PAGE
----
Christians believe that human beings are created in the image of God. One of the consequences of the Fall is that we are subject to sickness and pathology. God, in His mercy, gives the human race the ability to subdue the creation and mitigate the effects of the Fall. The main purpose of medical science is to treat sickness and disease, thus helping to alleviate suffering. This is not only the case for surgery, but for all other types of medical treatment.9 Reconstructive surgery is simply the application of this principle when there is a pathological, congenital, or traumatic defect. Since the goal in reconstructive surgery is to restore form and function to damaged tissue, this type of surgery is a moral good. For example, to treat breast cancer, many women will need mastectomies to remove the cancerous tissue. Reconstructing the breast in these instances is an attempt to restore normal form and function. Although there is unquestionably an aesthetic component to this decision for many patients, the primary goal remains to restore the body to its previous nonpathological condition. Another example of this surgery is cleft lip and palate surgery. A cleft lip or palate is caused by a disruption in fetal development that results in a very obvious defect of the lip and other facial structures. The surgical correction consists of multiple surgeries to reapproximate the facial structures to their proper function and, whenever possible, their proper form. This is true of virtually all forms of reconstructive surgery.

THE ETHICS OF COSMETIC SURGERY


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Cosmetic surgery differs because there is not a restoration of pathologic tissue, but an augmentation of healthy tissue. There historically has been controversy regarding cosmetic surgery because it was seen to corrupt the natural body-self relation.10 This argument, however, as well as the stigma behind cosmetic surgery procedures, has largely faded from our culture. Does the fact that we are operating on otherwise healthy tissue make cosmetic surgeries unethical in all circumstances? I believe there are a number of reasons why we should not make this blanket condemnation. First, there is no specific biblical prohibition against changing the appearance of our physical bodies. Second, we do not consider other means to improve our outward appearance unethical. For example, few would argue that all forms of makeup, grooming, and fashionable clothing are intrinsically immoral behaviors. In short, the freedom we have in Christ along with the guidance of our own conscience should lead us regarding behaviors that are not specifically prohibited. For this reason, I can find no reason to find cosmetic surgery intrinsically immoral.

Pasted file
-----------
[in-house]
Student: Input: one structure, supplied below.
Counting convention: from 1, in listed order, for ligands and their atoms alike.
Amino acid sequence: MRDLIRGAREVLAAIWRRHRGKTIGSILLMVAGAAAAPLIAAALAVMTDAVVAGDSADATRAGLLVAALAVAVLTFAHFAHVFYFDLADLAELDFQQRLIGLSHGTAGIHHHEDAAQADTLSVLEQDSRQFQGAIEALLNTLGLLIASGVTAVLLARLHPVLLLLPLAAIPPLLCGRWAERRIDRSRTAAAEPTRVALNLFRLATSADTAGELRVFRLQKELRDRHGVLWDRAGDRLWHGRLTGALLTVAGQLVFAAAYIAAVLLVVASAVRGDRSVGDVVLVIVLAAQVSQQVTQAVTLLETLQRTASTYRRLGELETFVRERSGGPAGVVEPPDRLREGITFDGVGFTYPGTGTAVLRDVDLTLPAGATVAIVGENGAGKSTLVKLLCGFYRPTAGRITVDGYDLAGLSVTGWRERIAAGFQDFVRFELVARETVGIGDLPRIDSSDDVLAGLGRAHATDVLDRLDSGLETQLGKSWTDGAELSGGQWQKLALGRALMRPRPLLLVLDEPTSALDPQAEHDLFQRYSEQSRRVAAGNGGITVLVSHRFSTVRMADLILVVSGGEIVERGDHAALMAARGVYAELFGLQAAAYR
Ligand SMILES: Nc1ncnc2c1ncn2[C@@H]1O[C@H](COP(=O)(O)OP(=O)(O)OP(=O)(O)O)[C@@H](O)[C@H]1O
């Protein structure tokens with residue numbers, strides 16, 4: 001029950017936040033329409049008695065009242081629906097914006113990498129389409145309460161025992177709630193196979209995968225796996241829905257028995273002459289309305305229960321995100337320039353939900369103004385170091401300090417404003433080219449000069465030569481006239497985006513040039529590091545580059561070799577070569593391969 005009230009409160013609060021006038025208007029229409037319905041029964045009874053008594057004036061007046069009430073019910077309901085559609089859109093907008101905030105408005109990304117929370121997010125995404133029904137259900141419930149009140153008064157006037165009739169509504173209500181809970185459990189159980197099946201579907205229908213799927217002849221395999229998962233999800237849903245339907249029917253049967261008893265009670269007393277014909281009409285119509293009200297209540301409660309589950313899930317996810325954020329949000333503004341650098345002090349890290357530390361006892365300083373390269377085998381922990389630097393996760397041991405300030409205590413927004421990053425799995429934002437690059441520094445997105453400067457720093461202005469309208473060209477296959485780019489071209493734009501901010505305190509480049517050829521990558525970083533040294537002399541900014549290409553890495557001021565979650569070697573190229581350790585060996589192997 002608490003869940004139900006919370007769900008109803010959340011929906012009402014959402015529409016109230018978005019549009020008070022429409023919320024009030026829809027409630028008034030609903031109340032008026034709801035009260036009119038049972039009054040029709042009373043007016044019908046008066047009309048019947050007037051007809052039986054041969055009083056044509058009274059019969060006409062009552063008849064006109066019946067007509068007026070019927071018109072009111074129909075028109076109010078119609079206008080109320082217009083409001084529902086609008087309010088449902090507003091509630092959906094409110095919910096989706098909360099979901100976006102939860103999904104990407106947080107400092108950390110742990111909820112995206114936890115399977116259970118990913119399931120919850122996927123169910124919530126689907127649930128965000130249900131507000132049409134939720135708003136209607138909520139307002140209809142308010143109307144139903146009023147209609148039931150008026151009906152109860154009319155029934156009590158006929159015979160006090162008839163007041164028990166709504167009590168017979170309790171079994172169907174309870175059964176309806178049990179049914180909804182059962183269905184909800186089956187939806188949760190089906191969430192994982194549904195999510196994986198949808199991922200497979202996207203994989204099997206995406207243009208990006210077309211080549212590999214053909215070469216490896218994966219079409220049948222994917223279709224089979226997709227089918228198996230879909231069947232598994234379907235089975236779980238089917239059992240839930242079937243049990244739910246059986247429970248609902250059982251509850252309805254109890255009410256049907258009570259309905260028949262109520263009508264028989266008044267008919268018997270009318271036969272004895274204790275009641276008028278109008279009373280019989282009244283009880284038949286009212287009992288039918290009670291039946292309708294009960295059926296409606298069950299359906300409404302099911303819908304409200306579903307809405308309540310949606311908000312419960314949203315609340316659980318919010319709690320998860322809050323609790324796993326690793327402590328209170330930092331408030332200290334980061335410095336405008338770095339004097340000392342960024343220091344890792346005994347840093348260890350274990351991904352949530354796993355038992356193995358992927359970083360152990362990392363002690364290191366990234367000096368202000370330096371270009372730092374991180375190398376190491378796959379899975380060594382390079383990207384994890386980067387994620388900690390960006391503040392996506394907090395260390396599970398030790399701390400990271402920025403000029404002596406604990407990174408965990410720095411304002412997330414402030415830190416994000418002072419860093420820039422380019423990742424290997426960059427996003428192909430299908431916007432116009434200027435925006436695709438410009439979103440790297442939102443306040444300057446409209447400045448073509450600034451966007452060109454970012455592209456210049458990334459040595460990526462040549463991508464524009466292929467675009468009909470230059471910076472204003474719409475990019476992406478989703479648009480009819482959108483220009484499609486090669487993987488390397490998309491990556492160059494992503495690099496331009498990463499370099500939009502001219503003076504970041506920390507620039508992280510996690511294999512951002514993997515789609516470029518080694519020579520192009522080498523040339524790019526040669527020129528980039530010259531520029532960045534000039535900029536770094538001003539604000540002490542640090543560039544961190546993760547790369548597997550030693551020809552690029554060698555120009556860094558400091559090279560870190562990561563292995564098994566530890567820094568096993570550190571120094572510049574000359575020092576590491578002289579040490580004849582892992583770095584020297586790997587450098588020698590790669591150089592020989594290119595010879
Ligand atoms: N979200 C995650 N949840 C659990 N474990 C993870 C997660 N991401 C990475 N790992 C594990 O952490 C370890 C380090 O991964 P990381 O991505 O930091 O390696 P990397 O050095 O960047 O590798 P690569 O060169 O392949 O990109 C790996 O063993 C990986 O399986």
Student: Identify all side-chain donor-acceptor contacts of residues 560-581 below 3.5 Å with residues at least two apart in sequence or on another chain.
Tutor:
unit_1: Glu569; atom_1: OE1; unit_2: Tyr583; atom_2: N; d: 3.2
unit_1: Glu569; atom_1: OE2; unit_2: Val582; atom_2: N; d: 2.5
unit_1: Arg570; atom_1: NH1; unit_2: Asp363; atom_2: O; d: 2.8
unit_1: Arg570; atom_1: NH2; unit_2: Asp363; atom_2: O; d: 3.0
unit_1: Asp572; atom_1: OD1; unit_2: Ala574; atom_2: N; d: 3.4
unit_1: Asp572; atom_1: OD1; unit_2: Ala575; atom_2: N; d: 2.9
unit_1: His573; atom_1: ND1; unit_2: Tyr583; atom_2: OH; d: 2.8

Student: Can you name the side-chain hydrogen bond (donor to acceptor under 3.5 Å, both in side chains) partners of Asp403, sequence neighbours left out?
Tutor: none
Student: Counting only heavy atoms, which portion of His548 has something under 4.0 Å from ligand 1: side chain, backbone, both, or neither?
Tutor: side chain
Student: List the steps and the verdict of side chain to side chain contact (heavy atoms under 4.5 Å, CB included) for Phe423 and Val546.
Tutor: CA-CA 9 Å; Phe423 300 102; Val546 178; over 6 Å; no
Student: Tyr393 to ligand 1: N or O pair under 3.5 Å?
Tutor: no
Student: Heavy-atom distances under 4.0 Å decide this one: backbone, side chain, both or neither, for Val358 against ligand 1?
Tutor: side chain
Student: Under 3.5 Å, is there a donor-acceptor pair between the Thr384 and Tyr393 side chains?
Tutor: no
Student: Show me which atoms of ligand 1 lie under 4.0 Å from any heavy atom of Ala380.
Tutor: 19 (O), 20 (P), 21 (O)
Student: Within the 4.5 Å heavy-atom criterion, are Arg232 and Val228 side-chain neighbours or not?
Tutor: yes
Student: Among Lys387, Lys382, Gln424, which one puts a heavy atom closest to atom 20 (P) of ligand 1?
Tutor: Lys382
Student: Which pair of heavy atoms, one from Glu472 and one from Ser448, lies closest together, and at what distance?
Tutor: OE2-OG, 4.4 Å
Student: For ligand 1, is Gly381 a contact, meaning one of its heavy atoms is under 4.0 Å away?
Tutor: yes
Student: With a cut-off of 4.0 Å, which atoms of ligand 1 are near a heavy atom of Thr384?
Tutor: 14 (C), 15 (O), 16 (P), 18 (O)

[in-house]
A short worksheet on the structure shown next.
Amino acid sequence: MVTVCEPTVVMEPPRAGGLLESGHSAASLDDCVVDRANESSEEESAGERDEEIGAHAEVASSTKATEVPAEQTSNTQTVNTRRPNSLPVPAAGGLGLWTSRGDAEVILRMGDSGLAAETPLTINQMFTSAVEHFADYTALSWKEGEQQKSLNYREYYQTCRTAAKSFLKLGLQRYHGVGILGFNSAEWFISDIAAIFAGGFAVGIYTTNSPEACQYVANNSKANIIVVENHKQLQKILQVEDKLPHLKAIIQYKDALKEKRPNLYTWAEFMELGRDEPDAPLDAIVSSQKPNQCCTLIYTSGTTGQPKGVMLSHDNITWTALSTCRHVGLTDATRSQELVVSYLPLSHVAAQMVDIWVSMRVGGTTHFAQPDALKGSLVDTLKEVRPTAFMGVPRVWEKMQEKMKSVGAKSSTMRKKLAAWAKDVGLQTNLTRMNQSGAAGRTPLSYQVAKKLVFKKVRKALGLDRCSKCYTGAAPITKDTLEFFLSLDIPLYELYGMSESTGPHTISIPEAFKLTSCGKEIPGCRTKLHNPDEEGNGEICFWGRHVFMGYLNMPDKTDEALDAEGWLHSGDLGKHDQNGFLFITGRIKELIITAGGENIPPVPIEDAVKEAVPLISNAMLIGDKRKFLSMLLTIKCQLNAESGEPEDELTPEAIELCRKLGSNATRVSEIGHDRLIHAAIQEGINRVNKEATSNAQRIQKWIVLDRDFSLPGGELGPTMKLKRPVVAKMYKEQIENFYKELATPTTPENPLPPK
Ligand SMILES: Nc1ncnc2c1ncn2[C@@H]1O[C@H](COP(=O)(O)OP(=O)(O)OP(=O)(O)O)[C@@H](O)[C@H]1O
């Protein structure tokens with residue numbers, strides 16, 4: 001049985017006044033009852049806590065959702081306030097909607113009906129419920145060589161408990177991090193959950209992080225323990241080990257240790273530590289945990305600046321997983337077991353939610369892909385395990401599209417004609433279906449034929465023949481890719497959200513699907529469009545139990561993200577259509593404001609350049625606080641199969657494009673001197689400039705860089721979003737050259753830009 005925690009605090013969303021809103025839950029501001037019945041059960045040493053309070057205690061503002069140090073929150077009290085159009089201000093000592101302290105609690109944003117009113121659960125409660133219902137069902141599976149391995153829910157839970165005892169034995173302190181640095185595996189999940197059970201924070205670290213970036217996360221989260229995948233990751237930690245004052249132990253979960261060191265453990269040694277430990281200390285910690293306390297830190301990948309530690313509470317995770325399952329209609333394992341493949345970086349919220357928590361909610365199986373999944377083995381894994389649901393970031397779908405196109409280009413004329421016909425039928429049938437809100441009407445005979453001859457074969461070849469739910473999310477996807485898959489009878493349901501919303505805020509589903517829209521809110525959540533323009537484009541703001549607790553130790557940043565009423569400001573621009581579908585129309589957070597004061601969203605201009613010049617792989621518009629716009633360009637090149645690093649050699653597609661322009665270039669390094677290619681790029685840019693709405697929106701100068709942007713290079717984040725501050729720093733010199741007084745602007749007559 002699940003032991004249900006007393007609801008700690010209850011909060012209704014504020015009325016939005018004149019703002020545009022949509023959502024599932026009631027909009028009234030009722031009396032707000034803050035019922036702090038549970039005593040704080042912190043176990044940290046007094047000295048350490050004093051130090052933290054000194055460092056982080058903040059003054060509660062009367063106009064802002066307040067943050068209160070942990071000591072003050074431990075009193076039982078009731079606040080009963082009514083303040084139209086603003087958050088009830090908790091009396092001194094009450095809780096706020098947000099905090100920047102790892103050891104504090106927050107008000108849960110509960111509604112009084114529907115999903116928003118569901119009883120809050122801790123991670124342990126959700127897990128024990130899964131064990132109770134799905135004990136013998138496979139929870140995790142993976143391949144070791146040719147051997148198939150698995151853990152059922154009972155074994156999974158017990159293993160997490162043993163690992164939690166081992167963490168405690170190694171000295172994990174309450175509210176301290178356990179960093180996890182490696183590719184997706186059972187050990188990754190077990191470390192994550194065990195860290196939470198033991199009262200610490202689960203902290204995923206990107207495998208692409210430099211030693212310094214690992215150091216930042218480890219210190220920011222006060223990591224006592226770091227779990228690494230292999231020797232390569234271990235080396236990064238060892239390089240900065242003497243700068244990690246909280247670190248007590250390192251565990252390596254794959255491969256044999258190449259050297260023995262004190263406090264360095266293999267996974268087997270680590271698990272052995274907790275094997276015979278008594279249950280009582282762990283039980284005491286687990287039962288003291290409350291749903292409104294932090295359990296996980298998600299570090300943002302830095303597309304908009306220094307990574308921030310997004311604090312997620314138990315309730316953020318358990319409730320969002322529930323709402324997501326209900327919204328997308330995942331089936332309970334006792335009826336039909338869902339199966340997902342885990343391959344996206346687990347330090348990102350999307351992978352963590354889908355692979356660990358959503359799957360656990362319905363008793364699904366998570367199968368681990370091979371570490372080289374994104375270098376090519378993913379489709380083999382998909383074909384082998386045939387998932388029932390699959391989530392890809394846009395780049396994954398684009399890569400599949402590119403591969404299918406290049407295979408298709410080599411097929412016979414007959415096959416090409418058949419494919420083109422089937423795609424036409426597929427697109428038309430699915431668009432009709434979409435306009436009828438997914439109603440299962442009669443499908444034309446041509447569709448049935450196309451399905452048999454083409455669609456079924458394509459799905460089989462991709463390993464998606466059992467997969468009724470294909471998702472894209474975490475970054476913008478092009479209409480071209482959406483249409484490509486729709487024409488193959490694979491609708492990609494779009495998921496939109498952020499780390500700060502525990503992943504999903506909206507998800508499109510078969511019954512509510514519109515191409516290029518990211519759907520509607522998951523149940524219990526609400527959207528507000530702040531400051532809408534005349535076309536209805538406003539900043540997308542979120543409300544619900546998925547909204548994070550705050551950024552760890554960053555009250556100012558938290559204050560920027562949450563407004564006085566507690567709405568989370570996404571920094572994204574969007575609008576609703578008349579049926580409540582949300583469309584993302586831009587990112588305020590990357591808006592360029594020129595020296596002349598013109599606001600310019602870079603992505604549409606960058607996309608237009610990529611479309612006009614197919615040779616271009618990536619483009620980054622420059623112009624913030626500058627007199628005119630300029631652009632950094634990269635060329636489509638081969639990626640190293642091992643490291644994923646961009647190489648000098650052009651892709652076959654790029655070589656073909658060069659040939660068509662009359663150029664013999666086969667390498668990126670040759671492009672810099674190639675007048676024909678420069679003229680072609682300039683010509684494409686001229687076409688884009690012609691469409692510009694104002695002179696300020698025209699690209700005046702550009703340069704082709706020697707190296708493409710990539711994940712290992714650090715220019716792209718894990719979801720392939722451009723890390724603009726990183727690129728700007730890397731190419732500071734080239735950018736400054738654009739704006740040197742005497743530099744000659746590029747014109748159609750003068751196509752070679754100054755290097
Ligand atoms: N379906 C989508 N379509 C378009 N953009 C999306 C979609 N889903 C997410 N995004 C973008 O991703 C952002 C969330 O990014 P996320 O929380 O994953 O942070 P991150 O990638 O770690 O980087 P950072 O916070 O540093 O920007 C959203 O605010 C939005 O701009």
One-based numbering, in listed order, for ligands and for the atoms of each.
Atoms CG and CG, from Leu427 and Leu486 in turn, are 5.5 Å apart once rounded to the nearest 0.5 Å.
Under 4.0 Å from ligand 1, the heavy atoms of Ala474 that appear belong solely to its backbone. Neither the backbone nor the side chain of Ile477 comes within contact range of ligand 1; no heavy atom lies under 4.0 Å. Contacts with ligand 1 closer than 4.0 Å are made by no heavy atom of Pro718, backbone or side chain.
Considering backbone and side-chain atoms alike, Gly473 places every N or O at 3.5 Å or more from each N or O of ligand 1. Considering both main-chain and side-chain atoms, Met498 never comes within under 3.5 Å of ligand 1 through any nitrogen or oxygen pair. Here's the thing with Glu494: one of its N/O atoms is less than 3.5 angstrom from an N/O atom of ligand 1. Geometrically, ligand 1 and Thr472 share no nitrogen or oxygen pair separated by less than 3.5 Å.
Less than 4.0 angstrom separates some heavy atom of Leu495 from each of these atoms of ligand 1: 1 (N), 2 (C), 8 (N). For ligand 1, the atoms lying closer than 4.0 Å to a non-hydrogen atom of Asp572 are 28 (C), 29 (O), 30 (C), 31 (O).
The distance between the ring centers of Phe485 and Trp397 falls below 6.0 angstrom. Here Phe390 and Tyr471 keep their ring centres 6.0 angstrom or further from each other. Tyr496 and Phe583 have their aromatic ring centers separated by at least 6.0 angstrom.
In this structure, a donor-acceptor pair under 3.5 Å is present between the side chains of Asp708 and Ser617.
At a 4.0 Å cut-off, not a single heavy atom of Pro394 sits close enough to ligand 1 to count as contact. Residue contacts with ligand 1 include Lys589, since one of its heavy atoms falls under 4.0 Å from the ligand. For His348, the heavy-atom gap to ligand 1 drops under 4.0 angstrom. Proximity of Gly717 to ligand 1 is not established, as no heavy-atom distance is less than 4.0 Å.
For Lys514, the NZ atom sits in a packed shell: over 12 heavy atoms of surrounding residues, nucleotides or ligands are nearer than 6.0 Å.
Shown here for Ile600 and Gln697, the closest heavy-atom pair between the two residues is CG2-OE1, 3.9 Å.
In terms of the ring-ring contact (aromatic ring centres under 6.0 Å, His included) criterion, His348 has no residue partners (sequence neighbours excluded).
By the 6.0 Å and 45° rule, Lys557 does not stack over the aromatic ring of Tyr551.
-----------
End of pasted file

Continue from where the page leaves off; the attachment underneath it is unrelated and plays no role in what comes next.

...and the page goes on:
Yet, although a specific action may not be intrinsically immoral or scripturally prohibited does not mean that it is profitable in every circumstance. We may be tempted, due to our sinful hearts, to engage in an activity for immoral goals or reasons. Our motivations for pursuing cosmetic surgery have an important impact on the ethics of the act itself. For this reason, there are some important caveats to consider when discerning the ethics of cosmetic surgery.

SELF-ESTEEM FROM A SCALPEL

A common thread through most of the plastic surgery literature is the concept of improving self-esteem through the surgical alteration of the physical body. A Web site designed to help you find a plastic surgeon exemplifies this when it claims to know “five reasons why plastic surgery will make you happier.”11 Reason number one claims that plastic surgery lowers the need for antidepressant medication. Why take medication for your depression when you can treat it by having a surgeon make you more attractive? Reason number four states that “cosmetic surgery can add years to your life and boost your self-esteem.”12 Who wouldn’t want to look better, have greater self-esteem, and live a longer life merely by having his body made more attractive?